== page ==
What I don’t have

Perhaps I’ve written these words before – a long time ago, someone at my first job told me I don’t have the stomach for news.

It was in response to jokes she was making about a public figure who’d hanged himself. I didn’t find the jokes funny.

I was told I would either harden my heart and brain in this job or I’d get out.

A lot of people cope with hardening. I completely understand that. It’s easier for most of us to separate ourselves from the darkness – to make it not feel real.

That’s not me. When that comment was made several years ago, I didn’t take it lightly. I was upset for a bit, but mostly at the prospect that I wasn’t cut out for the one thing I’d studied to do. It was a straight shot to my ego to think I might be made for something else and I’d just wasted four years of my life making this something happen.

I’ve thought about it again and again over the years, as I left the newsroom on the day the Sandy Hook shooting occurred so I could take a few moments to myself in a bathroom. I thought about it on the day a man walked into a church in Charleston, a city I love so dearly, and killed 9 people during a bible study. I thought about it the day I walked the streets of Greenville’s Nicholtown neighborhood asking people what they knew about teenager accused of gunning down a Greenville police officer before turning the gun on himself.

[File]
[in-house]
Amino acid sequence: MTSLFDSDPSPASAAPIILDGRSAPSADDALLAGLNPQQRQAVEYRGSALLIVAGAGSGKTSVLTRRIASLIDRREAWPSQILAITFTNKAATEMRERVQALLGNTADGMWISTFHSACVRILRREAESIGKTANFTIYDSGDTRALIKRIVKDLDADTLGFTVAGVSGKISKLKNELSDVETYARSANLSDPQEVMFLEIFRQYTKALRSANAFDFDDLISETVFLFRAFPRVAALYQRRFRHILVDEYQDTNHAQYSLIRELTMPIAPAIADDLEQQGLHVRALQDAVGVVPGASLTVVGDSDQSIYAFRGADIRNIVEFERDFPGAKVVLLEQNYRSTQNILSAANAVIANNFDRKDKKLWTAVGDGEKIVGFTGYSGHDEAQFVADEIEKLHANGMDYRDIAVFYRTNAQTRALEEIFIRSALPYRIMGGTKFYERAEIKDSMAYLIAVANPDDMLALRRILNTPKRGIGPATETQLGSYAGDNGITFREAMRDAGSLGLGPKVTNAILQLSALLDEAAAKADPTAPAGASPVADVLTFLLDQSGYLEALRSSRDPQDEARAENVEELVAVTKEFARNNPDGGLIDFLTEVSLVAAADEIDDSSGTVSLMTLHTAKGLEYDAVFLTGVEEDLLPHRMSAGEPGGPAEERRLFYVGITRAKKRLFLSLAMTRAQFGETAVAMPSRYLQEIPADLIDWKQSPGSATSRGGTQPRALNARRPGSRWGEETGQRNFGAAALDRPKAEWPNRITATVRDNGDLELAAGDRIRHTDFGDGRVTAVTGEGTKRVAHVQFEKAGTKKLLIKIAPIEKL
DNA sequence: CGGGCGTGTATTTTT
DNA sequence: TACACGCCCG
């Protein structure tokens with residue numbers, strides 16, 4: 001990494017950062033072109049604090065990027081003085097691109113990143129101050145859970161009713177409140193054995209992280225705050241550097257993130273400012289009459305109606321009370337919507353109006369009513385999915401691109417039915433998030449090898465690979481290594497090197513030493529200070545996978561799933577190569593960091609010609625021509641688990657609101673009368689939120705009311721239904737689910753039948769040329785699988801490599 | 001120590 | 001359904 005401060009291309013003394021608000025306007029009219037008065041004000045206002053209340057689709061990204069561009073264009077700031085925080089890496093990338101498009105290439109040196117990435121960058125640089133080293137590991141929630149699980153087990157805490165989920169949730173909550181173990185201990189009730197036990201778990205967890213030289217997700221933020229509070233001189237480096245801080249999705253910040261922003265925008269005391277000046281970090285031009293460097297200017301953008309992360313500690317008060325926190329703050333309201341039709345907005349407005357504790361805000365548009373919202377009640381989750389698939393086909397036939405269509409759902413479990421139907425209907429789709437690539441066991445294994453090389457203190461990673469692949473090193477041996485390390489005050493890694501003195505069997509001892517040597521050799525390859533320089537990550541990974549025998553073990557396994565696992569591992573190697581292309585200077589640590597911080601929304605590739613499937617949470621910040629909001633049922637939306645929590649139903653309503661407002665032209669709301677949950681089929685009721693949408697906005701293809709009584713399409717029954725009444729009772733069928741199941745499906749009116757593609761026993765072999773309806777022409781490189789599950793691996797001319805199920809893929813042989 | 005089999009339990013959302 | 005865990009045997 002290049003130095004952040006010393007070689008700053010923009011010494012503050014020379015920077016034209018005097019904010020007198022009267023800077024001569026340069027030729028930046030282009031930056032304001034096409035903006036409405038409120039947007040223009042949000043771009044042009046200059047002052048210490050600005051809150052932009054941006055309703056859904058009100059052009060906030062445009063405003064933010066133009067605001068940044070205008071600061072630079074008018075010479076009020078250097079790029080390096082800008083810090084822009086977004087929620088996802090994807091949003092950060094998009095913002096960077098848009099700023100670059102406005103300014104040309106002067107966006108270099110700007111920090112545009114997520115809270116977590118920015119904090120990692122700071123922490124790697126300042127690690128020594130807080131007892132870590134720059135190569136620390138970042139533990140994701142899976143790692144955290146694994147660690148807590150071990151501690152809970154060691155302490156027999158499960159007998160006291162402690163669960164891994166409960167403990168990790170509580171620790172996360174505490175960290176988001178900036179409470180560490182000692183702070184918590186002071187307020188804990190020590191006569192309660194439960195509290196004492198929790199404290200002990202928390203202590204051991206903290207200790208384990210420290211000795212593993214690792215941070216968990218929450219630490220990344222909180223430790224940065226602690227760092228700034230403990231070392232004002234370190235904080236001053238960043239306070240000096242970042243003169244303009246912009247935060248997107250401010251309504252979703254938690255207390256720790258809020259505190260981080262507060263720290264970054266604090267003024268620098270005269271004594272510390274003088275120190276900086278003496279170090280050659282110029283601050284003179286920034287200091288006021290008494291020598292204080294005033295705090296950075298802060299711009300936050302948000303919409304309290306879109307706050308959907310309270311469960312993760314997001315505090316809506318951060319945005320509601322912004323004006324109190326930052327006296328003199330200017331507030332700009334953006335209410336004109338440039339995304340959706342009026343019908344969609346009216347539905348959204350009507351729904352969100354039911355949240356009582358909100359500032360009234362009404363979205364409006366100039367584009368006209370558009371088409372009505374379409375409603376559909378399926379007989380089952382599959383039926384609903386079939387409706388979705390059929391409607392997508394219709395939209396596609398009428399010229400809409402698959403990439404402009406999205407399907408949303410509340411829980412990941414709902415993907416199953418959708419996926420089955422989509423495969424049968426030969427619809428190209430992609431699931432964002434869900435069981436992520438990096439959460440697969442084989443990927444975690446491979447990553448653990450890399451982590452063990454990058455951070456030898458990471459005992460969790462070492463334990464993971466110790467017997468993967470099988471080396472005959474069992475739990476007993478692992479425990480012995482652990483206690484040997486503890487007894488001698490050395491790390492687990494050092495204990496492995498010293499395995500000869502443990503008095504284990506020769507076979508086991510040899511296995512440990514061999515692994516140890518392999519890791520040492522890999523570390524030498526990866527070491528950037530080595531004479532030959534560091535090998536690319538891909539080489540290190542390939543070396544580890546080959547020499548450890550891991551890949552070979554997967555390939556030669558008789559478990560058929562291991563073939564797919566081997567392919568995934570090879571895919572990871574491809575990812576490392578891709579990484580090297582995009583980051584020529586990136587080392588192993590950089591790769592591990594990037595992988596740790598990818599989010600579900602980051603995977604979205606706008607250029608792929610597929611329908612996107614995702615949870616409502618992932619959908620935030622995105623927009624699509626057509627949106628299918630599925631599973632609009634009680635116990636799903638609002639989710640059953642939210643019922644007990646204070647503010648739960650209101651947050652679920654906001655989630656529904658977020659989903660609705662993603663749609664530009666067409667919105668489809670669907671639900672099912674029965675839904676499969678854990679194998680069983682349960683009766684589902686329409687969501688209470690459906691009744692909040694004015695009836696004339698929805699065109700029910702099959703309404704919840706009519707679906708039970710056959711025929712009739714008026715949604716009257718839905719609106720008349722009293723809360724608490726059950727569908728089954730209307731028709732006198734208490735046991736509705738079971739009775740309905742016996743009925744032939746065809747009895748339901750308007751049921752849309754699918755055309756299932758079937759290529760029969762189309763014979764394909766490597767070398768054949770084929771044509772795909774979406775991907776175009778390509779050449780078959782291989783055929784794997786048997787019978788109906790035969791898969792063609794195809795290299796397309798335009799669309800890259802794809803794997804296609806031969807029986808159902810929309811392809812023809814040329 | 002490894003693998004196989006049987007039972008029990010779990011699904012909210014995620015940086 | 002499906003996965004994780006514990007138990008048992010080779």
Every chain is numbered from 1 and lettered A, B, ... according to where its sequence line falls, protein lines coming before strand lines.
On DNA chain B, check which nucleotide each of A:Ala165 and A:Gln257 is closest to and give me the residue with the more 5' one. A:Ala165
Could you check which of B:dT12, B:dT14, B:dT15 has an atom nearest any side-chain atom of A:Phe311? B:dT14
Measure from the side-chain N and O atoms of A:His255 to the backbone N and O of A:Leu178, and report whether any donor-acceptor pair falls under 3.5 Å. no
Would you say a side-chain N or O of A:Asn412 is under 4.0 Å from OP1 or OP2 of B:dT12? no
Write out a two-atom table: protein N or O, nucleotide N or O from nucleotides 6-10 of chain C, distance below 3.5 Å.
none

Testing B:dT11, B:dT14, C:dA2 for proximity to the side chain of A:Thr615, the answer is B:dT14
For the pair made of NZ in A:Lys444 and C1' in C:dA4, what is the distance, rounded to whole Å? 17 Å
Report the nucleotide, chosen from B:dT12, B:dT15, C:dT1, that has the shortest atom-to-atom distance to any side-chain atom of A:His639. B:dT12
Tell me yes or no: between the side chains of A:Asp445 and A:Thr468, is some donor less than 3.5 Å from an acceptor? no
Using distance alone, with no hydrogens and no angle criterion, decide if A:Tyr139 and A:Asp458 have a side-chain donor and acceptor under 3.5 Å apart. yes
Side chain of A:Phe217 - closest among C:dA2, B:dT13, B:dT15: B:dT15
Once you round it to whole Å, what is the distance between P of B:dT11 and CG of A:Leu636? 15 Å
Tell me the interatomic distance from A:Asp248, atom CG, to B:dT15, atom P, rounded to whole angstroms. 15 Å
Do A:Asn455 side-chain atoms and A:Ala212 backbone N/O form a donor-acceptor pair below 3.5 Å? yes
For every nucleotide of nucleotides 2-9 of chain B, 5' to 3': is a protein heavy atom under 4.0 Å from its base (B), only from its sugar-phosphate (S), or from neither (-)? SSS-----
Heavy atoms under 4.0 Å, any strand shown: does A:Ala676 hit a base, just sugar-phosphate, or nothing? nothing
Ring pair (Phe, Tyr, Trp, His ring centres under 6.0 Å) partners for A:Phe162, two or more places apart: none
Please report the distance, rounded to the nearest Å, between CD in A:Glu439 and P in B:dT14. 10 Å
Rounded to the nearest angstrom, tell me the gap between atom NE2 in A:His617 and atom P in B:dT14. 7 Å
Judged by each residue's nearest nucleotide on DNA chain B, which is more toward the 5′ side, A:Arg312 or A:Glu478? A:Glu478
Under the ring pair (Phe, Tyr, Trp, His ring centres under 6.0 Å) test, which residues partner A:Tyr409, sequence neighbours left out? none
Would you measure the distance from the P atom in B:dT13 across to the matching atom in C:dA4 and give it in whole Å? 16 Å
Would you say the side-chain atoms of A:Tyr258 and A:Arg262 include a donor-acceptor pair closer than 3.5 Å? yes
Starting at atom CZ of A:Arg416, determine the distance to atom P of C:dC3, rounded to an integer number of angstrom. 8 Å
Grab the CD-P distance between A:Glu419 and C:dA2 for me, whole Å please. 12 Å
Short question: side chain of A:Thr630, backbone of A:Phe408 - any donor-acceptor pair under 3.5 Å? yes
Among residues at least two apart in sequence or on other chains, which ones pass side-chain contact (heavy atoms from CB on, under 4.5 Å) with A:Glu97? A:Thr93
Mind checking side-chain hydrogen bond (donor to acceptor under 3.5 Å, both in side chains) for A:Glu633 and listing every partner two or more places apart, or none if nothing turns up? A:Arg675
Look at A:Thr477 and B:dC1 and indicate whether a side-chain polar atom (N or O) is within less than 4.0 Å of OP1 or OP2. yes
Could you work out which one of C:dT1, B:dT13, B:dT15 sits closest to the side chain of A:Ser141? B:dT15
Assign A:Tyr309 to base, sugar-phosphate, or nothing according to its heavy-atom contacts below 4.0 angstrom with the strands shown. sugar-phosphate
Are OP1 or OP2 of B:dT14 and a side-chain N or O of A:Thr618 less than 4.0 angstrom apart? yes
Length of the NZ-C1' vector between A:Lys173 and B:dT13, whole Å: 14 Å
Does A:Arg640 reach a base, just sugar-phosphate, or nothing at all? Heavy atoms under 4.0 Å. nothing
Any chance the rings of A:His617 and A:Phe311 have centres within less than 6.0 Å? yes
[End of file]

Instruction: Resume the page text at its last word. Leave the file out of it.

And I thought about it again this morning as I stood with neighbors of a home on Greenville’s westside and watched forensics teams pull a body out on a gurney and load it into a medical examiner’s van.

I don’t often report on breaking news. It’s not my “beat”. I am typically only drawn in if someone is on vacation, busy or the story is big enough that we need several people working on it.

Every experience I’ve had with violent death has been on the job. It’s foreign to my personal life and yet it’s something I take personally.

I realized something on a dead end street, in Greenville County, lined with old mill houses and a small mobile home park – I don’t have the stomach for news. I don’t even want the stomach for news, if it means I ever leave a scene like that and don’t think about what was lost.

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